Notes: Snyder plucked the Ol' Ballcoach from the college ranks after a couple of less-than-satisfying experiences with coaches with NFL-centric backgrounds.  The results weren't any better.  Spurrier got some attention for running up the score in preseason games, his decidedly laid-back attitude, and the "college" hours he kept, but the end result was a 7-9 season followed by a 5-11 season.  Still, he may have stuck around for at least one more year had it not been for the sudden interest / availability of an old friend of the franchise . . .


Coach: Joe Gibbs (second tenure)

Previous Gig: Head coach, Washington Redskins (out of coaching since 1992)

Years: 2004-07

Record: 30-34 (Playoffs: 1-2)

Notes: At the time, there was a lot of talk about whether Gibbs' had "tarnished his legacy" by coming back.  I said this at the time, but I felt like the years would be very kind to this second act.  Consider that Gibbs took the Redskins to the playoffs twice in his final three years (including one year in which his best player was murdered), going 4-2 against Dallas during that stretch.  If the premise that Dan Snyder has a negative impact on coaches, then Gibbs has to be viewed favorably for this run, even if it wasn't nearly the wild success his first stint was.  Gibbs won more games while serving under Snyder than any other coach.  He's the only coach to lead the Redskins to multiple playoff berths since, uh, himself.  Gibbs, who decided to retire after four seasons, is also the only coach to leave voluntarily on good terms under the current ownership regime.


Coach: Jim Zorn

Previous Gig: Quarterbacks coach, Seattle Seahawks (but see below)

Years: 2008-09

Record: 12-20

Notes: Dan Snyder actually hired Zorn to be the Redskins' new offensive coordinator when Joe Gibbs retired, then named him the new head coach about a month later.  Things got off to a great start, as Washington's momentum from Gibbs' final year seemed to carry over, with Zorn's Redskins rolling out to a 6-2 first half in 2008.  From that point until his firing after the 2009 season, Zorn went 8-18.  He looked overmatched at times, and the conventional wisdom became that jumping him from a position coach (albeit a very good one) to a head coach in the span of a few weeks probably doomed him to failure.  Zorn remained a sought-after quarterbacks coach, although he was not on a staff this past season after the previous regime in Kansas City was fired at the end of 2012.


Coach: Mike Shanahan

Previous Gig: Head coach, Denver Broncos (out of coaching in 2009)

Years: 2010-13

Record: 24-40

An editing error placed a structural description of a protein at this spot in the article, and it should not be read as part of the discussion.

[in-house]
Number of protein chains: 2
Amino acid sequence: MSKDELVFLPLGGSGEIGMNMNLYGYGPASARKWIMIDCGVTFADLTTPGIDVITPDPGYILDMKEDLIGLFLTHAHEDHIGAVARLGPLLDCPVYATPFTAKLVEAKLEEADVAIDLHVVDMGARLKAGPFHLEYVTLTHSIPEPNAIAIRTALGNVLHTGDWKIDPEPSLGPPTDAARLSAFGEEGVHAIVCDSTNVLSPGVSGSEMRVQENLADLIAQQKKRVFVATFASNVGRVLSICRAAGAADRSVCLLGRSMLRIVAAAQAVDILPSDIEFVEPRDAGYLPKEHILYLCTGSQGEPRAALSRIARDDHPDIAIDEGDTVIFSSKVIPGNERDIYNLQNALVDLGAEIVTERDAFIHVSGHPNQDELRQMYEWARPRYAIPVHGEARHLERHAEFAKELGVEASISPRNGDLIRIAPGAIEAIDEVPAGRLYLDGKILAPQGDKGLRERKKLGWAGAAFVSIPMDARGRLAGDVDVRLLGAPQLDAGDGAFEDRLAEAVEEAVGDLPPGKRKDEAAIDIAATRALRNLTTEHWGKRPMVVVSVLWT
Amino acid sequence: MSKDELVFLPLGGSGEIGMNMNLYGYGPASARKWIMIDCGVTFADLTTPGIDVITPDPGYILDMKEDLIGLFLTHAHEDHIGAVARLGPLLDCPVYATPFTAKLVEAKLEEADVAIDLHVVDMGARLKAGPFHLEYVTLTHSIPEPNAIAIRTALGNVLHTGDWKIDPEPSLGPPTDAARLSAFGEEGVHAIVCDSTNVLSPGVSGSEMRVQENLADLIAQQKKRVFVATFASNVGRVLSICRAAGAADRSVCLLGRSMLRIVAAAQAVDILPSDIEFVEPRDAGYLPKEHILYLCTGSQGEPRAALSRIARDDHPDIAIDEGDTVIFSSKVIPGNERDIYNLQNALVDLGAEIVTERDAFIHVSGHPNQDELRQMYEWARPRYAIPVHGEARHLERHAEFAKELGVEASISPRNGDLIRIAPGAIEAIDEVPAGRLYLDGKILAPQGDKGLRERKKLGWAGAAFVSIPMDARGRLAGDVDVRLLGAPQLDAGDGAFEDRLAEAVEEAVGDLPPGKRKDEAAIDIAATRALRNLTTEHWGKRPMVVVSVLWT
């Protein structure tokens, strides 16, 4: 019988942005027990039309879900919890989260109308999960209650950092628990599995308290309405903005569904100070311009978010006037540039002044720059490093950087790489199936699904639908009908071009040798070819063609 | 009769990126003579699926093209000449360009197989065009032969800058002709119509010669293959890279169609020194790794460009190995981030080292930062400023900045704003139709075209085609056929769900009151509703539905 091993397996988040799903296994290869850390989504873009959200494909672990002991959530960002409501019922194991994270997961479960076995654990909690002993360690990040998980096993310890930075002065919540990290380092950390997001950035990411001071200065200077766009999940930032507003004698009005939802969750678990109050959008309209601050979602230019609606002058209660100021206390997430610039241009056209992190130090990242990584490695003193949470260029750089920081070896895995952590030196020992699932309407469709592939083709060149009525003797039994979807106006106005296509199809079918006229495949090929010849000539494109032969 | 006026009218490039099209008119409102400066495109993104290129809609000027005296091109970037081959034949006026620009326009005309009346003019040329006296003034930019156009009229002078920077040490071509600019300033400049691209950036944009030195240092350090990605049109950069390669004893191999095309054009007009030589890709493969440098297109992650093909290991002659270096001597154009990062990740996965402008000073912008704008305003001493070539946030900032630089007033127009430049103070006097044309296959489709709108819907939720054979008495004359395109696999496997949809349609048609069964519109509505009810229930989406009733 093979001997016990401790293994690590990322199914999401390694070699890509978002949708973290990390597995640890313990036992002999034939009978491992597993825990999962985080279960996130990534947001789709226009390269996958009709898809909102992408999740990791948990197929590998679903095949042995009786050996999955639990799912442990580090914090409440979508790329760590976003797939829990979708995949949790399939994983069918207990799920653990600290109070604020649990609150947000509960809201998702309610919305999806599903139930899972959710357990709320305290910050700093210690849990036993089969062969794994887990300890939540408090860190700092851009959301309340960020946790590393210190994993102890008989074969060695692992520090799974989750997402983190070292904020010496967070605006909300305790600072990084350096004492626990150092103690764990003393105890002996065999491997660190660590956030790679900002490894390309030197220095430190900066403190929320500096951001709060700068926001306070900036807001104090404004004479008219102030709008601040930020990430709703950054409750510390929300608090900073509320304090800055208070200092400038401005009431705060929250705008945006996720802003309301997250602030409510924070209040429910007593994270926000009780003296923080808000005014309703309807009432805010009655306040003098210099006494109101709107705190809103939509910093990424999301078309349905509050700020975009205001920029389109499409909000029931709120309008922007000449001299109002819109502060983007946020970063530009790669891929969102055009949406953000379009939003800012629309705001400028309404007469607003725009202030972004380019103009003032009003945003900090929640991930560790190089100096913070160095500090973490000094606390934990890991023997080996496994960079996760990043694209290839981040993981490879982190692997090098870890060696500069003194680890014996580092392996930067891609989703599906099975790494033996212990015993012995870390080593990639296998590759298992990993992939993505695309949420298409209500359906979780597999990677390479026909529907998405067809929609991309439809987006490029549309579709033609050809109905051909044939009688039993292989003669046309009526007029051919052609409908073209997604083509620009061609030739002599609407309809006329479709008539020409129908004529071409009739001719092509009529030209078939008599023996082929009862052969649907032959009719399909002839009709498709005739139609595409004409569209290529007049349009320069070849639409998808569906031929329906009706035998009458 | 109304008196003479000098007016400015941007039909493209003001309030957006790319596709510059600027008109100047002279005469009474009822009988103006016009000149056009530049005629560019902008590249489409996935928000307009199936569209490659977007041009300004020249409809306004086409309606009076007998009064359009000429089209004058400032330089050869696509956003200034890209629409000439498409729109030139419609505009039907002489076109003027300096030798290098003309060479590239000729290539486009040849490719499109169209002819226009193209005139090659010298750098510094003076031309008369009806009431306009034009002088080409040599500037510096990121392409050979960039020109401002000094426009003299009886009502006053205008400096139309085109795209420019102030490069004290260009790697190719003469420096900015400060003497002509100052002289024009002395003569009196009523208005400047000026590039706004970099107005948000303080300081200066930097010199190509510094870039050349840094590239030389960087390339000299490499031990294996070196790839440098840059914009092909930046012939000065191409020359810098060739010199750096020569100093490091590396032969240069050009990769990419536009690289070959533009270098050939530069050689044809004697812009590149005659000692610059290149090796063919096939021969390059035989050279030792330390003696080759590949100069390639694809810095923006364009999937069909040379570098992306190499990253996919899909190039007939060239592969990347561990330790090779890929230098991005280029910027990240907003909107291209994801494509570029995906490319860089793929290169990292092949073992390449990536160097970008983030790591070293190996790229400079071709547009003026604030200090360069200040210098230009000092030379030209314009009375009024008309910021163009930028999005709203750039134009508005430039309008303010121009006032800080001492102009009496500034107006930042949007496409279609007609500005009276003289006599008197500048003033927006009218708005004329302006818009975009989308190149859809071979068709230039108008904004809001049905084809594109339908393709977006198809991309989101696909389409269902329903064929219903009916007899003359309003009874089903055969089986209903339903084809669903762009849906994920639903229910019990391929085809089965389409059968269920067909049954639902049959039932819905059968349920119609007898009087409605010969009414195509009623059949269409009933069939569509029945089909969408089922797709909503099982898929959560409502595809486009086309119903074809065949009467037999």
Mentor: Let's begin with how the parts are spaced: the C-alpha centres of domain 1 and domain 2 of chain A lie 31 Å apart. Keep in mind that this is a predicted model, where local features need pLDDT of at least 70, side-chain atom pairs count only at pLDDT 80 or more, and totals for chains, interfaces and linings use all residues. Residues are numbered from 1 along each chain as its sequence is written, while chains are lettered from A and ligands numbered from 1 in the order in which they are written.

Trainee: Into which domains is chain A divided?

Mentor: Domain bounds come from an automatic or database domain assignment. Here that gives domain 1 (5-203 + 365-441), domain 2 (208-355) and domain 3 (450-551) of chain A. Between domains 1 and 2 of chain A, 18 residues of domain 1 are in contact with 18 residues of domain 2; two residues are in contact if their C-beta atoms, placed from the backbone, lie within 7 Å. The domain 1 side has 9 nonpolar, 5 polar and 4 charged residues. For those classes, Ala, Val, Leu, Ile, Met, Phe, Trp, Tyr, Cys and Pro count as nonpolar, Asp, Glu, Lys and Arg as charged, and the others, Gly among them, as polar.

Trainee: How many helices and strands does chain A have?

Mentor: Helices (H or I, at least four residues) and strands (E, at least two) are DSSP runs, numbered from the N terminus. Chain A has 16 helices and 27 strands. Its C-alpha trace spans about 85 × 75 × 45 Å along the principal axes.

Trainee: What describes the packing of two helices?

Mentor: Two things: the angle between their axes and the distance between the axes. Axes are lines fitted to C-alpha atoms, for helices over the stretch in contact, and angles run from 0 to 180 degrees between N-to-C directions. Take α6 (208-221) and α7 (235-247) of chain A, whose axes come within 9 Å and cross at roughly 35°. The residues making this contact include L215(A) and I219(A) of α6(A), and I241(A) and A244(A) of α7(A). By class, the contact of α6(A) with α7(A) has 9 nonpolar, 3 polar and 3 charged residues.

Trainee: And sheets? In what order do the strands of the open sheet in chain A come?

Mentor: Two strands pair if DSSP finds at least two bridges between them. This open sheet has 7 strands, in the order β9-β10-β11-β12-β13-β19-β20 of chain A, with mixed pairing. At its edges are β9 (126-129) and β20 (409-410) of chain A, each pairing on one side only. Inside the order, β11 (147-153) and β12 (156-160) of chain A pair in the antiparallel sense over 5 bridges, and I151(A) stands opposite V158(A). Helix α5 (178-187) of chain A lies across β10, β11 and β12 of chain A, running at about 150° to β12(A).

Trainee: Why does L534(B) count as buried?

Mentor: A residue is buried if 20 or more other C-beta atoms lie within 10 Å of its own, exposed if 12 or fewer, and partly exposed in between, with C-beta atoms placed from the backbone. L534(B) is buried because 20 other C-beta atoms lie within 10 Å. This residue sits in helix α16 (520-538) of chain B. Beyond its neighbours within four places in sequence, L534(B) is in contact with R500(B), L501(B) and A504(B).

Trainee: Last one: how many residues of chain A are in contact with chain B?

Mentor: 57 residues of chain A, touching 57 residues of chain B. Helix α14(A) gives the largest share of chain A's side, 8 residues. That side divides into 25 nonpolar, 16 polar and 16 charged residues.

Notes: Mike Shanahan brought with him two Super Bowl rings and a lot of hope among Redskins fans.  After going the "untested assistant" route with Zorn and failing badly, there was optimism that an established veteran like Shanahan would bring back some stability to the franchise.  Shanahan also had personnel-related power and a promise that Snyder would not interfere with football decisionmaking.  This seemed to be a step in the right direction.  Yet, Shanahan went 6-10 his first year and followed that up with a 5-11 mark in 2011.  Things changed dramatically in 2012 with the addition of rookies Robert Griffin III and Alfred Morris.  Suddenly, the Redskins had their first divisional title this century.  Washington lost at home in the playoffs, but the biggest story from that game was the loss of Griffin to a major knee injury.  We know how that played out.  2013 was a disaster, with the Redskins finishing 3-13 and Shanahan being fired at the end of the season, having finished in last place all but one of his years in Washington.


All of that brings us to Jay Gruden, a hire that represents another philosophical shift in coach selection.  In fact, the only constant during the Snyder Era has been change.  Specifically, a willingness to try something-anything-new to get the team moving in a positive direction.

The Gruden hire is a good one in my view.  I think getting a young assistant with coordinator-level NFL experience is the smartest way to turn a football team around as quickly as possible.  Very few older, established NFL coaches have successful second or third acts (Bill Parcells being the biggest exception who comes to mind).  Even the most elite college coaches are hit-or-miss at best.  Recall that demi-god Nick Saban was 15-17 as an NFL head coach[1].

With Gruden, the Redskins get someone with a pedigree similar to that of the greatest coaching success in franchise history (and one of the greatest of all time).  There's obviously no guarantee of similar results, but this is at least a move that is difficult to second-guess at this early stage.

Even that is progress for this wayward organization.


[1] To be fair, Saban had been an NFL coordinator, serving as the Browns' DC for four seasons in the early 90s, but that was more than decade before he eventually returned to the NFL as a head coach.